An ultrasound test can tell if people with the human immunodeficiency virus (HIV) and heart disease are at risk of heart attack or death, according to new research reported in Circulation: Cardiovascular Imaging, an American Heart Association journal.
Stress echocardiography, better known as a "stress echo," is an ultrasound of the heart during rest and stress that determines risk of heart attack and death in patients with known or suspected blockages in the blood vessels supplying the heart.
People with HIV are at increased risk for accelerated blockages and subsequent heart attack or death.
"We looked at whether stress echo can help predict risk in a high-risk group, HIV patients with known or suspected heart disease and determine whether they have a high or low risk of heart attack and death in the future," said Farooq A.
Chaudhry, M.D., senior author of the study and associate professor of medicine at Columbia University College of Physicians and Surgeons in New York City.
Chaudhry and colleagues performed a stress echo and analyzed follow-up data on 311 HIV patients (average age 52 years and 74 percent male) with suspected or known heart disease.
Among the patients studied, 26 percent had an abnormal stress echo. During the average 2.9-year follow-up, 17 nonfatal heart attacks and 14 cardiac deaths occurred.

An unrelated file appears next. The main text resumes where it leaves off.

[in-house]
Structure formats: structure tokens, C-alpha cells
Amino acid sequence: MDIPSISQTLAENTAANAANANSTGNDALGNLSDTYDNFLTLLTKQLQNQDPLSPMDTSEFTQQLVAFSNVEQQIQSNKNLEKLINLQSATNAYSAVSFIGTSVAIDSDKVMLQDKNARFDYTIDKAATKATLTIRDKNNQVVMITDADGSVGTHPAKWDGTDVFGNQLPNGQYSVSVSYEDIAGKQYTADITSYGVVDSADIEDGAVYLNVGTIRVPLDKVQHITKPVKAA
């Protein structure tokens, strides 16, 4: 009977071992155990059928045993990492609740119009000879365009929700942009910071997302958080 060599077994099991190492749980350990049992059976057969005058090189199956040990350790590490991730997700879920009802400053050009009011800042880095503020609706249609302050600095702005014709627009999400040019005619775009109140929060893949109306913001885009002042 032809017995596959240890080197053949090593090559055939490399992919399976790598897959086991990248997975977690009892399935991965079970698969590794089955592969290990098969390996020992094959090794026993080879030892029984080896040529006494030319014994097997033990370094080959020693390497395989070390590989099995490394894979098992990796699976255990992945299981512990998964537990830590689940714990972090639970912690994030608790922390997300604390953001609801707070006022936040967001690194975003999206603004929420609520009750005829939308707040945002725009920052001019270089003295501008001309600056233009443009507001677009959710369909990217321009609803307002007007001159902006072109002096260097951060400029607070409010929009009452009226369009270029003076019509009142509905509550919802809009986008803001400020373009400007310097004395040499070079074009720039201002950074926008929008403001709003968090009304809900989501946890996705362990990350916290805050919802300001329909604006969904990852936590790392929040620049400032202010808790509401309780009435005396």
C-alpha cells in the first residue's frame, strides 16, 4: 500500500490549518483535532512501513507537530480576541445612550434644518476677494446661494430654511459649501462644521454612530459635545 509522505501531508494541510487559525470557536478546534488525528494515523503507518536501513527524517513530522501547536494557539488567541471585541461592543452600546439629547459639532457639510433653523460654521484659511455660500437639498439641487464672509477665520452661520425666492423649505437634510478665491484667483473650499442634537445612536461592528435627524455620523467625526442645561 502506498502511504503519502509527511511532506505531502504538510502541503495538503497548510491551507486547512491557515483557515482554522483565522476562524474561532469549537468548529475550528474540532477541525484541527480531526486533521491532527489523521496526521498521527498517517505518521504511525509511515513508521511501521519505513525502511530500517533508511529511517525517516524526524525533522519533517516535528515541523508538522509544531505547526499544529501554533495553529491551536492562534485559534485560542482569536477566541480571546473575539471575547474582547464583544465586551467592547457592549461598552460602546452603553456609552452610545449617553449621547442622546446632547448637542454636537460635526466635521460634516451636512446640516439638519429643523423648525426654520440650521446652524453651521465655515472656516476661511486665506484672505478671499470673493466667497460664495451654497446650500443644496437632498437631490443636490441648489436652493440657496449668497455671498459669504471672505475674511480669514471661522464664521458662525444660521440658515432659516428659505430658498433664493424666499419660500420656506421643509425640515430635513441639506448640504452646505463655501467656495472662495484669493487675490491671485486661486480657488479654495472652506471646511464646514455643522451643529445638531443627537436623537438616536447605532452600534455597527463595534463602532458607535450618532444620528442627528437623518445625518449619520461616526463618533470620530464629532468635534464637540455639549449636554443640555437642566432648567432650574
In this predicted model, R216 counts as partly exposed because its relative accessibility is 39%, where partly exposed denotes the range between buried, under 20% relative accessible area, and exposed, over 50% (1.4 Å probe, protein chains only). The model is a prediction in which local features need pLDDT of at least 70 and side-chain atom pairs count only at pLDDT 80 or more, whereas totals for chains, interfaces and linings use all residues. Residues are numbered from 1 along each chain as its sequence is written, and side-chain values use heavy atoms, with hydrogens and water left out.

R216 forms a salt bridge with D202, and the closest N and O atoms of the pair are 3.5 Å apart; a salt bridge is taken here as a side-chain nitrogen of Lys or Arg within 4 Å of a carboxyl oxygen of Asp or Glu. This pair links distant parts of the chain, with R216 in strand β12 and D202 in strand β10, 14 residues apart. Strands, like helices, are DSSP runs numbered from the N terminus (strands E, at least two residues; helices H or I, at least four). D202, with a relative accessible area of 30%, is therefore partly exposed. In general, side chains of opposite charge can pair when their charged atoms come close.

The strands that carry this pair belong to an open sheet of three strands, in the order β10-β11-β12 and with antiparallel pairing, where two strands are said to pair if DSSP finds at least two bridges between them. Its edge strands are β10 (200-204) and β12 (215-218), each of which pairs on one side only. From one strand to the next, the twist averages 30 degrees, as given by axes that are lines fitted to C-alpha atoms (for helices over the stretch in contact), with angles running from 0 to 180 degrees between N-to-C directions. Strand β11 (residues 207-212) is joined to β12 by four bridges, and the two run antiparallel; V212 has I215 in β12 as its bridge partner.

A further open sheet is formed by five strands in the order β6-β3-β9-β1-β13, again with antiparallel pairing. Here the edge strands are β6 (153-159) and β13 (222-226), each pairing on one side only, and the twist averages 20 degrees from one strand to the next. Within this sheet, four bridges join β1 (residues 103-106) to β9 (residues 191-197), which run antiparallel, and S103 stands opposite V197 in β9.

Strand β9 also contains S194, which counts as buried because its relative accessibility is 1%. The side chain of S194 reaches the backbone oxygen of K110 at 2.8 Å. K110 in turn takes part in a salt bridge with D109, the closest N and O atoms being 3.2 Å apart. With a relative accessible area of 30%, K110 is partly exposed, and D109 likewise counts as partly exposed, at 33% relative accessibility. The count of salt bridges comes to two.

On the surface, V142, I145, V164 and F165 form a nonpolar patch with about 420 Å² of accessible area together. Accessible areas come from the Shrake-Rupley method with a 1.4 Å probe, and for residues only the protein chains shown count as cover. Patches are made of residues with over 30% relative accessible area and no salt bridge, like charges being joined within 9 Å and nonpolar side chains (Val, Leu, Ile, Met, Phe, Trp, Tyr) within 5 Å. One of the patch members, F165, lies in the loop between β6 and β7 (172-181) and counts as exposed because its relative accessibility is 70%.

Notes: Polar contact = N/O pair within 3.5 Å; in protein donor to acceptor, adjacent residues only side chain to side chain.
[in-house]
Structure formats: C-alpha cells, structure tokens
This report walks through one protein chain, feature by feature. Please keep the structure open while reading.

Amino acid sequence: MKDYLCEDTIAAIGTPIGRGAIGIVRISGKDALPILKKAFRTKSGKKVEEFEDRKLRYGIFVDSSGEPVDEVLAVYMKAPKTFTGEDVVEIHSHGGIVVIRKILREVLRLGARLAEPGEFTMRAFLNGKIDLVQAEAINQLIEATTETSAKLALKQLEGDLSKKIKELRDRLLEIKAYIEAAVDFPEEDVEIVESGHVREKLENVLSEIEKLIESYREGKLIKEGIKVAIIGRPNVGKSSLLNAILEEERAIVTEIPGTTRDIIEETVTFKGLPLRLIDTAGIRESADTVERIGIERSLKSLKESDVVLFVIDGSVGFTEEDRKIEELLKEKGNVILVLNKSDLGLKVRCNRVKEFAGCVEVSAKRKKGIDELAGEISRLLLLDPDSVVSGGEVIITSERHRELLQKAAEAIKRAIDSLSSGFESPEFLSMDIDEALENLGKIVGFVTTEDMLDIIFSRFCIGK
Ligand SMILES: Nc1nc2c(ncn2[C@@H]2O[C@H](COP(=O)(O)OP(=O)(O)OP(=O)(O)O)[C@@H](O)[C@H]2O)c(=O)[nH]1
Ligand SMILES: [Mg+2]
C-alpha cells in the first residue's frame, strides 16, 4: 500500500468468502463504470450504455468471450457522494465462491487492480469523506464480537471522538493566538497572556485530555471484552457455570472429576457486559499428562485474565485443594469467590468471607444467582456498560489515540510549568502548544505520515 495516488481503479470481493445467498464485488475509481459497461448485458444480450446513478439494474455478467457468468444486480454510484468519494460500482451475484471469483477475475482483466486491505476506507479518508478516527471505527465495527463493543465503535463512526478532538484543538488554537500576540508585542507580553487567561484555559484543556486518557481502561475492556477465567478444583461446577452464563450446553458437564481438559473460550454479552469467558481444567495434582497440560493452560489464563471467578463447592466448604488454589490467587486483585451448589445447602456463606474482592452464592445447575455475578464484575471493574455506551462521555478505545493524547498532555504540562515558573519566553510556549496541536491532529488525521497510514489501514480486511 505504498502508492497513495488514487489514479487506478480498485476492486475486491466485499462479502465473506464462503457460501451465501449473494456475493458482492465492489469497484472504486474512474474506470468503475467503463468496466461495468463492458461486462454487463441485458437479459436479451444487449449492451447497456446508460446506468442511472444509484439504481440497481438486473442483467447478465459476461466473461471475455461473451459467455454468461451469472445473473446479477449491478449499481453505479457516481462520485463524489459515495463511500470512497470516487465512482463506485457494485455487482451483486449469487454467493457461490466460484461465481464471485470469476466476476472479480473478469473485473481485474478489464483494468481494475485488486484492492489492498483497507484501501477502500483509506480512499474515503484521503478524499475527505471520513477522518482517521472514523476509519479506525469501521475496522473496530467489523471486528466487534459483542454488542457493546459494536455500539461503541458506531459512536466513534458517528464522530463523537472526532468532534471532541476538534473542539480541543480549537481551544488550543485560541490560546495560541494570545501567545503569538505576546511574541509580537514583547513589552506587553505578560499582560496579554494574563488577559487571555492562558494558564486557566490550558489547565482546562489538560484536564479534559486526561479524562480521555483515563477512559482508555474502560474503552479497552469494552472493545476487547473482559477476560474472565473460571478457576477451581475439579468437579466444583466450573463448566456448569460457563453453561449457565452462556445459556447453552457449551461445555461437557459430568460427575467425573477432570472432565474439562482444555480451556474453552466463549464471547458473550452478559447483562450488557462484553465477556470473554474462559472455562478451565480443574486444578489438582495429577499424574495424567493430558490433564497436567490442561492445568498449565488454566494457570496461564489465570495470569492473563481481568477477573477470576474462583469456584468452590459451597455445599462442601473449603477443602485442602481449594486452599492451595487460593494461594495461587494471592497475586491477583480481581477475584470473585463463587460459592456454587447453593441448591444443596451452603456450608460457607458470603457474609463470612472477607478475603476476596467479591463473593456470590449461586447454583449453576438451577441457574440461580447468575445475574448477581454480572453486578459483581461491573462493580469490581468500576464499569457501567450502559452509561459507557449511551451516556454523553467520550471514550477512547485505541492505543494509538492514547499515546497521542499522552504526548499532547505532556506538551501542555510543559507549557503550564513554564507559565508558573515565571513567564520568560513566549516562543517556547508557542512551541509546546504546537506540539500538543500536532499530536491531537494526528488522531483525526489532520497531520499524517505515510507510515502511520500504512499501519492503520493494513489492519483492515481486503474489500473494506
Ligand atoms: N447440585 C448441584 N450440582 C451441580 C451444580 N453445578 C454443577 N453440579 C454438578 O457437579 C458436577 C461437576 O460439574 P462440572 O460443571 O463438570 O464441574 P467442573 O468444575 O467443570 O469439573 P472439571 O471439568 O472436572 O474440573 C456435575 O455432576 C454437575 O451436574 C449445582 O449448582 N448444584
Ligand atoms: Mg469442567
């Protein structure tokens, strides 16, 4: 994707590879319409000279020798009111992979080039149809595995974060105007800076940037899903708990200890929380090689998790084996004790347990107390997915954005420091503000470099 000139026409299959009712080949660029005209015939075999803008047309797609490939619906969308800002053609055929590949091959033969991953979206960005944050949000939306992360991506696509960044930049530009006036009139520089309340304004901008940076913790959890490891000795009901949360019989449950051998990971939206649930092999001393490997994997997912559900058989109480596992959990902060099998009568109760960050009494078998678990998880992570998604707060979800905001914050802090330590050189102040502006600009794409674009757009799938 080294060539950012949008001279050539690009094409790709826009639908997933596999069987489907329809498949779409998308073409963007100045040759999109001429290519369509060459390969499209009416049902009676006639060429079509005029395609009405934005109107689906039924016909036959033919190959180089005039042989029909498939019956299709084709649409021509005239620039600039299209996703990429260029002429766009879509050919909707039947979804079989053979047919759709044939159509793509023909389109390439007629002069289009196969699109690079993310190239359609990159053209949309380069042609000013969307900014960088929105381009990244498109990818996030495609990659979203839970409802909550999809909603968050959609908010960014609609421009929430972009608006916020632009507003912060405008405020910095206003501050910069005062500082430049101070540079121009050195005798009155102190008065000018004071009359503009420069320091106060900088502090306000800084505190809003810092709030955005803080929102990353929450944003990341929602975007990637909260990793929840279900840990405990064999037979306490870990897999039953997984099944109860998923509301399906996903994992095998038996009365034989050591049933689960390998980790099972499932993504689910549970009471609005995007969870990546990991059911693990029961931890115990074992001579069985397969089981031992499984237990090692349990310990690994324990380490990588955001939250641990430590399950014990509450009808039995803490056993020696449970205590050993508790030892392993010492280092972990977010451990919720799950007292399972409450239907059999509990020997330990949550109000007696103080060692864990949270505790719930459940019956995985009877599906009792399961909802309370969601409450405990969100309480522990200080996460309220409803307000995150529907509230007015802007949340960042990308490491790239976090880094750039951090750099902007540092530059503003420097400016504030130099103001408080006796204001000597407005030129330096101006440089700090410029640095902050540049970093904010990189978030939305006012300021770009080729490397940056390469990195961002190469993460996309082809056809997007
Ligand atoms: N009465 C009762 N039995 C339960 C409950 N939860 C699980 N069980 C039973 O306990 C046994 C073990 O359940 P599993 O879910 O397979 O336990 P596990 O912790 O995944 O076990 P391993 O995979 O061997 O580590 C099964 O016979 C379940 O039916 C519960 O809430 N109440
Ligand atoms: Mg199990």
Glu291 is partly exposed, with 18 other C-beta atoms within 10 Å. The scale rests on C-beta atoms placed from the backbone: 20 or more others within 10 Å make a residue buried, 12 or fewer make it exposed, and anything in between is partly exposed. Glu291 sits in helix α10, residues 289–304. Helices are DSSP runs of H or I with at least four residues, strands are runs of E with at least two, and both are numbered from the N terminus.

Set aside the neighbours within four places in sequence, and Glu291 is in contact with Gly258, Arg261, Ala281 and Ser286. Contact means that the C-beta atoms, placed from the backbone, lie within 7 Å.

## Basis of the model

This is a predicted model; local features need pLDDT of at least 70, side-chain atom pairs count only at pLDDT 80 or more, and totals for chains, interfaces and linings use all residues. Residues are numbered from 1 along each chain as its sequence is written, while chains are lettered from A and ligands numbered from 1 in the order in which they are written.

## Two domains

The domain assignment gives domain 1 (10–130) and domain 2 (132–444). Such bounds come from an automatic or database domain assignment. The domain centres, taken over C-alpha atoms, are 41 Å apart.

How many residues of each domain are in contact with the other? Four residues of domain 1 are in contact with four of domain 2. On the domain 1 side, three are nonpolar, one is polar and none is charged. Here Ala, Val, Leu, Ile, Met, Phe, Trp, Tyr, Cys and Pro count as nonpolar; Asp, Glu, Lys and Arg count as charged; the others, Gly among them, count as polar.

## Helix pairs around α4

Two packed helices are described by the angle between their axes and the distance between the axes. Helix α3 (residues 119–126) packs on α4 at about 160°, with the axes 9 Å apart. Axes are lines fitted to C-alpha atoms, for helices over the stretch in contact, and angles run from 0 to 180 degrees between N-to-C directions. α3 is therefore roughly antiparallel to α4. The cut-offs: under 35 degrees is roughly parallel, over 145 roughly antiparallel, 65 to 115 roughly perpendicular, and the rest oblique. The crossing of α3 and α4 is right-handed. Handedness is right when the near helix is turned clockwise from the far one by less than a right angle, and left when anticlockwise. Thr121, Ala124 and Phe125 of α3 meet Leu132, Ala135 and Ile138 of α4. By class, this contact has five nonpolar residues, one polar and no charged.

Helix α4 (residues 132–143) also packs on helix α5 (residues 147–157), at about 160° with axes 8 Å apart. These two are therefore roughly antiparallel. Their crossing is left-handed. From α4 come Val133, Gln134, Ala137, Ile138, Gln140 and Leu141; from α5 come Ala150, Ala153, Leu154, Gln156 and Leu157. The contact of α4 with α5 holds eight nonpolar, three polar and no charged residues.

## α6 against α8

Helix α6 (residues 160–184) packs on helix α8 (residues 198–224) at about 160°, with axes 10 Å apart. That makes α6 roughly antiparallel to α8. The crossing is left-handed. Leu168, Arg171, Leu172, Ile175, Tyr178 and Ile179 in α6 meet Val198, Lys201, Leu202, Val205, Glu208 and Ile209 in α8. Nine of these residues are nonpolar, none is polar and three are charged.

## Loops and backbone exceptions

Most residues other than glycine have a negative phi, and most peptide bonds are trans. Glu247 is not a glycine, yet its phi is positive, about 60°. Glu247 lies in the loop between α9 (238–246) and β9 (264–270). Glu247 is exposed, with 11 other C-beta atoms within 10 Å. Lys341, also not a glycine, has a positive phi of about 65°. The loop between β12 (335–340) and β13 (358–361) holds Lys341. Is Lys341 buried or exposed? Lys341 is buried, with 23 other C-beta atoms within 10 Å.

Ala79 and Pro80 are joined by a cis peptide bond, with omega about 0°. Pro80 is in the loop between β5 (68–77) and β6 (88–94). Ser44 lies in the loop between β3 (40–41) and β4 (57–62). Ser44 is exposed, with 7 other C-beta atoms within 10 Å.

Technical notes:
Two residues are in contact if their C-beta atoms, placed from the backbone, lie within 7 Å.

The prognosis was good for HIV patients who had normal stress echo findings, researchers said. These patients' average risk for heart attack or death was less than 1 percent per year — the same as that of the general, healthy population.
The risk of heart attack and death rose significantly for HIV patients with abnormal stress echo findings.
Their average risk was nearly 12 percent per year – 10 times higher than that of the normal population and more than three times that of people without HIV who have an abnormal stress echo.
The cumulative survival for HIV patients with normal stress echo results was 100 percent at one year and 98 percent at four years, which is in stark comparison to 92 percent at one year and 62 percent at four years in those patients with an abnormal stress echo.
"Although we did not study which treatments are most effective for these patients, HIV patients who have abnormal stress echocardiography should probably be monitored and treated more aggressively to prevent heart attack and death," said Chaudhry, who is also associate chief of cardiology and director of echocardiography at St. Luke's Roosevelt Hospital Center in New York City. "Conversely, patients with a normal stress echo might not need such aggressive interventions."
Co-authors are: Omar Wever Pinzon, M.D.; Jorge Silva Enciso, M.D.; Jorge Romero, M.D.; Harikrishna Makani, M.D.; Jose Fefer, M.D.; Vani Gandhi, M.D.; and Sripal Bangalore, M.D., M.H.A. Author disclosures and sources of funding are on the manuscript.
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